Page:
I navigate the world as a queer, disabled, and neurodivergent person. My relationship with my identities impacts both my artistic process and the work itself. Working through the intersections of my identities and artistic goals, my work is frequently centered on themes of addiction, disability, religion, and misinformation.
My choreographic vocabulary is focused on the opposing ends of movement–effort and ease. I’m deeply interested in movement that demonstrates both electrifying energy and true rest. I believe that the layering of production elements provides more outlets for audience members to connect with the work. I frequently partner with designers, composers, visual artists, poets, and nonprofit organizations to create multi-layered pieces.
The feelings that I experienced when I saw the girl in the painting remind me of my goals as an artist. I position audiences to feel curious. I necessitate audiences to experience unease. And most importantly, I compel audiences to reflect deeply on how they move through life.
For me as a choreographer, community engagement is essential to creating meaningful and impactful performances. By involving the local community in the artistic process, I can better understand the community’s unique perspectives and bring them into my work.
Community engagement is my favorite part of my artistic process. There are many ways that I will explore engaging with the community on this piece, including gathering submissions on questions related to work and self-image that could become part of the soundscape, inviting community dancers to participate in a performance, and soliciting feedback during the performance.
Ultimately, community engagement is crucial for me to create work that is both artistically excellent and socially relevant.
Community engagement is my favorite part of my artistic process. There are many ways to engage the community on this piece, including gathering submissions on questions related to work and self-image that could become part of the soundscape, inviting community dancers to participate in a performance, and soliciting feedback during the performance.
Why did you apply for the Arts Lab?
Programs like the Atlas Arts Lab Fellowship are crucial for supporting and advancing the work of local artists. This program offers artists like me the time, space, and freedom to experiment, take risks, and create new work that pushes boundaries and inspires audiences. I applied for the Arts Lab for these opportunities, but also to connect with other artists in the cohort. I wanted to build relationships with other DC artists to gain new ideas and contribute to a thriving artistic community at the Atlas.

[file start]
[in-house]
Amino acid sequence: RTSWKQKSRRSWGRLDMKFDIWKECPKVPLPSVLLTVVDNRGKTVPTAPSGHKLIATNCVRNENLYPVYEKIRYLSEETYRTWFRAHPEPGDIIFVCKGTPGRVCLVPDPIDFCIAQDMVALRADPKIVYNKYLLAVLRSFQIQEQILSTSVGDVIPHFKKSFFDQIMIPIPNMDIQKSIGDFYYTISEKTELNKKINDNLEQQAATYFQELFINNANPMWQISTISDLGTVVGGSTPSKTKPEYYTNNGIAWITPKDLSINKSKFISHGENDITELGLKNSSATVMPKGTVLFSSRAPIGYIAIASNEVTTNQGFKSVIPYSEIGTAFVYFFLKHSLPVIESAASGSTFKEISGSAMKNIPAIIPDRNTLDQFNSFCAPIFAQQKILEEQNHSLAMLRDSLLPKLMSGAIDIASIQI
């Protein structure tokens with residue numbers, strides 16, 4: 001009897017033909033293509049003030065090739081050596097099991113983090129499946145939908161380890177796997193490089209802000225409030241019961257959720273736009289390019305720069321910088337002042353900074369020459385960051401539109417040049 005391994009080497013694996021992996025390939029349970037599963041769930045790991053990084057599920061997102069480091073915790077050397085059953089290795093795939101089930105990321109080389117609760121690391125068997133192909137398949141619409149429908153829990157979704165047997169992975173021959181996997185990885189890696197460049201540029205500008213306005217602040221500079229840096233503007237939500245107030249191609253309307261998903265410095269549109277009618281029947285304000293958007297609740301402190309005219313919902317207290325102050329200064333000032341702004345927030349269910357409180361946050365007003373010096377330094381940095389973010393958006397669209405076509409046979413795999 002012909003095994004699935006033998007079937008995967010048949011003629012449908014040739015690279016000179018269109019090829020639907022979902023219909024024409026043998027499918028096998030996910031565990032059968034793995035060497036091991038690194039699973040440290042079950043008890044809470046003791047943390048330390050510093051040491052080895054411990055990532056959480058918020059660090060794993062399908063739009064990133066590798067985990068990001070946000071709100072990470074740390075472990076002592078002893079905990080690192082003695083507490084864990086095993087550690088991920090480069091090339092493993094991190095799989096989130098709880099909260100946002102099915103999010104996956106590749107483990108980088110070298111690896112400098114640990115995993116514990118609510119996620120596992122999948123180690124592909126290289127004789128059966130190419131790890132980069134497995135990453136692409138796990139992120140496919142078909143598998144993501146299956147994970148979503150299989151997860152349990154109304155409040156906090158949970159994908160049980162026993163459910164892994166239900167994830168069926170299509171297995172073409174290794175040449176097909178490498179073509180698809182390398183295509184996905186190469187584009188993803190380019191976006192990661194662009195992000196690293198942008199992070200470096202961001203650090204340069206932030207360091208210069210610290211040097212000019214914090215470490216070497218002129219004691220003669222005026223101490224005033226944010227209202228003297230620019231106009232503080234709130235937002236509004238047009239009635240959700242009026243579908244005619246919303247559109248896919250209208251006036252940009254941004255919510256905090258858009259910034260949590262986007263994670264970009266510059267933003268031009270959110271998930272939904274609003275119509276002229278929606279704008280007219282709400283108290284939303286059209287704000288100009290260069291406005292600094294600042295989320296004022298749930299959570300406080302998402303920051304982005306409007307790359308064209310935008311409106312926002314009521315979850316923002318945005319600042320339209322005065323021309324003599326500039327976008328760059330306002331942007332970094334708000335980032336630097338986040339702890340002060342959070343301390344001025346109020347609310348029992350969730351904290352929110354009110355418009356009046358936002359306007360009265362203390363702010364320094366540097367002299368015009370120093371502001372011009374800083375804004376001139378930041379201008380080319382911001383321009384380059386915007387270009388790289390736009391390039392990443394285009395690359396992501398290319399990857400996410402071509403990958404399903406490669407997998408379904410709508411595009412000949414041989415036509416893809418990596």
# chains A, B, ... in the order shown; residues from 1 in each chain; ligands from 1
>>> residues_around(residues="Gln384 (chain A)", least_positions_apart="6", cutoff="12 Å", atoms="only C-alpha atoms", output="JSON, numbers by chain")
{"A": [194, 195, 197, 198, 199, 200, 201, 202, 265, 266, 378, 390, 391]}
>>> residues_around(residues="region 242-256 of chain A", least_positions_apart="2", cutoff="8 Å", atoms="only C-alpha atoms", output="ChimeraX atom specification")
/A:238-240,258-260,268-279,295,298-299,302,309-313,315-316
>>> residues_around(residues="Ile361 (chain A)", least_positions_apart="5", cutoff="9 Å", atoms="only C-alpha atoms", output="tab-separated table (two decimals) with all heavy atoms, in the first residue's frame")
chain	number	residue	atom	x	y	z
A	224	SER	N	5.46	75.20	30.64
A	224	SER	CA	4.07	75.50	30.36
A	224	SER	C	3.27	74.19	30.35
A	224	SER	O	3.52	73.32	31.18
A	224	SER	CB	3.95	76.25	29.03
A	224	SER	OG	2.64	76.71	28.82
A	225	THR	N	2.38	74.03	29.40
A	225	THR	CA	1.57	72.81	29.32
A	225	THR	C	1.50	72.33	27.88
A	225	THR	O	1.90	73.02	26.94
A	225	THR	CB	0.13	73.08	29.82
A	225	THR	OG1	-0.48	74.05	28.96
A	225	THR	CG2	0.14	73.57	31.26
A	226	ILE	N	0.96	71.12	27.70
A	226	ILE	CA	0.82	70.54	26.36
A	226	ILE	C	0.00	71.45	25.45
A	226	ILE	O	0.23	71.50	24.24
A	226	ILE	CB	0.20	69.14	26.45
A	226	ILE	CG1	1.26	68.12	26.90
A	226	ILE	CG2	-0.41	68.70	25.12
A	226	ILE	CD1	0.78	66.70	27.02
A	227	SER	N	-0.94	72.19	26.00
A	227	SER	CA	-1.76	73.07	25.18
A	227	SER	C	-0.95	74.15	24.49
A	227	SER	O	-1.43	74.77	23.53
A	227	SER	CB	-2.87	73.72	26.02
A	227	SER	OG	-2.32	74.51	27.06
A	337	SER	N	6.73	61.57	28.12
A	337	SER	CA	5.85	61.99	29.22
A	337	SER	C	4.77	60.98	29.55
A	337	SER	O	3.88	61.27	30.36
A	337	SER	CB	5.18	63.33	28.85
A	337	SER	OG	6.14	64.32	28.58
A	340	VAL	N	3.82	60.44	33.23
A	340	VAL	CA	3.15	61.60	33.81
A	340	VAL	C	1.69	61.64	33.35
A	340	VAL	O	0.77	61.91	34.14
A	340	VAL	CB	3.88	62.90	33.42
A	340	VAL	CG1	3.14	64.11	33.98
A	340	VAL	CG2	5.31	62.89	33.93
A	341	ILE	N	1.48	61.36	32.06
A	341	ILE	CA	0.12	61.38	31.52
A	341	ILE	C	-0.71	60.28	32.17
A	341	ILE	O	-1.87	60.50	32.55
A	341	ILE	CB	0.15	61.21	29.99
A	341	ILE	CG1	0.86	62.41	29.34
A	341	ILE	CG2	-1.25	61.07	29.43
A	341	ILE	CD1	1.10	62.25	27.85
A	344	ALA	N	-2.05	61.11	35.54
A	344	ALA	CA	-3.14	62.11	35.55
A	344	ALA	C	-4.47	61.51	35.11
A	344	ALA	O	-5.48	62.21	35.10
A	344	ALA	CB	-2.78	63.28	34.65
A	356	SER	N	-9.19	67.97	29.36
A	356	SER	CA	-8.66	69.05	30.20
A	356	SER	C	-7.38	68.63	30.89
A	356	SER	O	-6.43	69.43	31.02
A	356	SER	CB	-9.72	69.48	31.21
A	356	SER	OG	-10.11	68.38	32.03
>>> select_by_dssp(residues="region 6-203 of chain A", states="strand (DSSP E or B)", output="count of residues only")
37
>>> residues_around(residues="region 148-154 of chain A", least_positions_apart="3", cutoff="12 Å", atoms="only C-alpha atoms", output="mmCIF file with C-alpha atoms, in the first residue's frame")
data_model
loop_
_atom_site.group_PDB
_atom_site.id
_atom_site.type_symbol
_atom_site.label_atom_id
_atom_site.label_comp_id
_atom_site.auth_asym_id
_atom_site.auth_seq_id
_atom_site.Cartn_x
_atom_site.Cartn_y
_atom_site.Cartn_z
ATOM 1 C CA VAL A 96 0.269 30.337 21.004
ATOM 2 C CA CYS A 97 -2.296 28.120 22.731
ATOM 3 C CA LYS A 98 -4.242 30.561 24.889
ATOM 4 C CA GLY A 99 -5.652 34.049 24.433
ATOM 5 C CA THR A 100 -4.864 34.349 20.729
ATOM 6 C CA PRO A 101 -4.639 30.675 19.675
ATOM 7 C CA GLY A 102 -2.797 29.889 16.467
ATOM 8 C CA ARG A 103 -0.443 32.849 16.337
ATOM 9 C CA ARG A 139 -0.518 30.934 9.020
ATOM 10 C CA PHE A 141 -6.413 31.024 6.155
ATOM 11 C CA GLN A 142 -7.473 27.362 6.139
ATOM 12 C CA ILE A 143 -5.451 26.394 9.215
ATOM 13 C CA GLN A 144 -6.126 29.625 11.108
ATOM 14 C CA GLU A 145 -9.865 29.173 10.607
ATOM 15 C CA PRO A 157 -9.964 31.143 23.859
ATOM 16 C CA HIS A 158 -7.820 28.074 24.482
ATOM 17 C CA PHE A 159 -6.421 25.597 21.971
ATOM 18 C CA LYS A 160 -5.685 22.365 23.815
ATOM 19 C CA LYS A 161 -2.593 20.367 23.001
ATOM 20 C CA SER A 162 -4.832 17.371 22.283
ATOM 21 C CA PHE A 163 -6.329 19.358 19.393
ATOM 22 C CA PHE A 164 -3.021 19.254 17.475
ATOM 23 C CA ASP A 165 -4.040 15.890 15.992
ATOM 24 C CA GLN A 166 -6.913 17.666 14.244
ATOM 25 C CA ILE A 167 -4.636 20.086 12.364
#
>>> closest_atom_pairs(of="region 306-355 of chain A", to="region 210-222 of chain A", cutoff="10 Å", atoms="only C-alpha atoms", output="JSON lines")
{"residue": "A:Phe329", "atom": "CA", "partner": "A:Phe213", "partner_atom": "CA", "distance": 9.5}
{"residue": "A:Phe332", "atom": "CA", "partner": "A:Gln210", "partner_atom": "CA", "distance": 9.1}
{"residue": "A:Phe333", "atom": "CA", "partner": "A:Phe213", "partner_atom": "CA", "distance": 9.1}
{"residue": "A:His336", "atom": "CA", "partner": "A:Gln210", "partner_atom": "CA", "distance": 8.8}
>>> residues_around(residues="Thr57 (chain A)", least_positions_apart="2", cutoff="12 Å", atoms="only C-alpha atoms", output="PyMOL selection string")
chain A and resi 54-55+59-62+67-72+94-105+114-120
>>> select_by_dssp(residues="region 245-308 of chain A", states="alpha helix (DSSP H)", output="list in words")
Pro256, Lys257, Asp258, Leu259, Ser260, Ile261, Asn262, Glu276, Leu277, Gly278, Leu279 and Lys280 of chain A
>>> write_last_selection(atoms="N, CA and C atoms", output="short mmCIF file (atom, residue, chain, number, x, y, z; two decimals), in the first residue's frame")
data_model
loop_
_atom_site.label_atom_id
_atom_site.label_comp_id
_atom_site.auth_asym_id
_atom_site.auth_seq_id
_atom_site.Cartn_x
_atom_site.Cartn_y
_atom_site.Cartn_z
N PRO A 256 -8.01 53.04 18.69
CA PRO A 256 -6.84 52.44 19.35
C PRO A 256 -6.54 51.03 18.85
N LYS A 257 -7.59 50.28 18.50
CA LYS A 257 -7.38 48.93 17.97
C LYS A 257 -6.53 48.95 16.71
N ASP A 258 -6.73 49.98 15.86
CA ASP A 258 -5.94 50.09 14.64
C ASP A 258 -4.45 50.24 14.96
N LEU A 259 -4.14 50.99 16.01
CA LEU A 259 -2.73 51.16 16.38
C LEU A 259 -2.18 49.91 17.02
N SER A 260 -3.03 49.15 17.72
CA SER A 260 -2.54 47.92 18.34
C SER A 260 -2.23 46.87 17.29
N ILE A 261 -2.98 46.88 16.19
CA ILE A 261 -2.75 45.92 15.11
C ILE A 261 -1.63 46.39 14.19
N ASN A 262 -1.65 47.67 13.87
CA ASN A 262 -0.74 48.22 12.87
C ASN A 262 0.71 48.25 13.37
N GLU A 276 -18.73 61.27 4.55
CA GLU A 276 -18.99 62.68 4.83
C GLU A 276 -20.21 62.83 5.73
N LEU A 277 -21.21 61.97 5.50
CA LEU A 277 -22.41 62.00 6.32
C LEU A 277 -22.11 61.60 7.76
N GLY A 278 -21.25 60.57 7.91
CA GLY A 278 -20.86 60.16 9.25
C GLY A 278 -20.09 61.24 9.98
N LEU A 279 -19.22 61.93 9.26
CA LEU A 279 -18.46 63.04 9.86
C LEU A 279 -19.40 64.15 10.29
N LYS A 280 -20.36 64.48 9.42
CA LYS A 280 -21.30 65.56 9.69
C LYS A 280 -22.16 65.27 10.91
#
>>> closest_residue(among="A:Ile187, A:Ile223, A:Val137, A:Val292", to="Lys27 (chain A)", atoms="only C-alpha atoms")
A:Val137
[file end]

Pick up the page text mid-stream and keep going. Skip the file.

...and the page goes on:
What have you already gained from being in the program?
The Atlas Arts Lab Fellowship offers a unique opportunity for me to focus on my craft and gain the support I need to create new work. We’re already hard at work creating a new piece called Tooth and Claw that we’re excited to premiere this June. I’m experimenting with new choreographic techniques for this work, which is possible through the studio space provided by this fellowship. I can already tell that this fellowship is going to take my creative process to the next level.Why do you support the Atlas?
The Atlas is all about community, and it shows through the organization’s work. Supporting Atlas means supporting DC artists and our creative economy. I’m honored to be part of this program and I look forward to supporting the Atlas through my community engagement efforts as part of this fellowship.
What are you working on?
I’m working on a new piece called Tooth and Claw that’s inspired by Tall Poppy Syndrome–an expression referring to when people are attacked, resented, disliked, criticized, or cut down because of their achievements. I’m exploring this idea using metaphors of capitalism, the myth of American exceptionalism, and the idea of “quiet quitting” that has become a buzzword in recent months. Since the onset of the pandemic, an issue of our time has been the relationship between work and self. I’m interested in exploring how media influences our understanding of work and how that impacts individuals and groups, particularly women and gender minorities.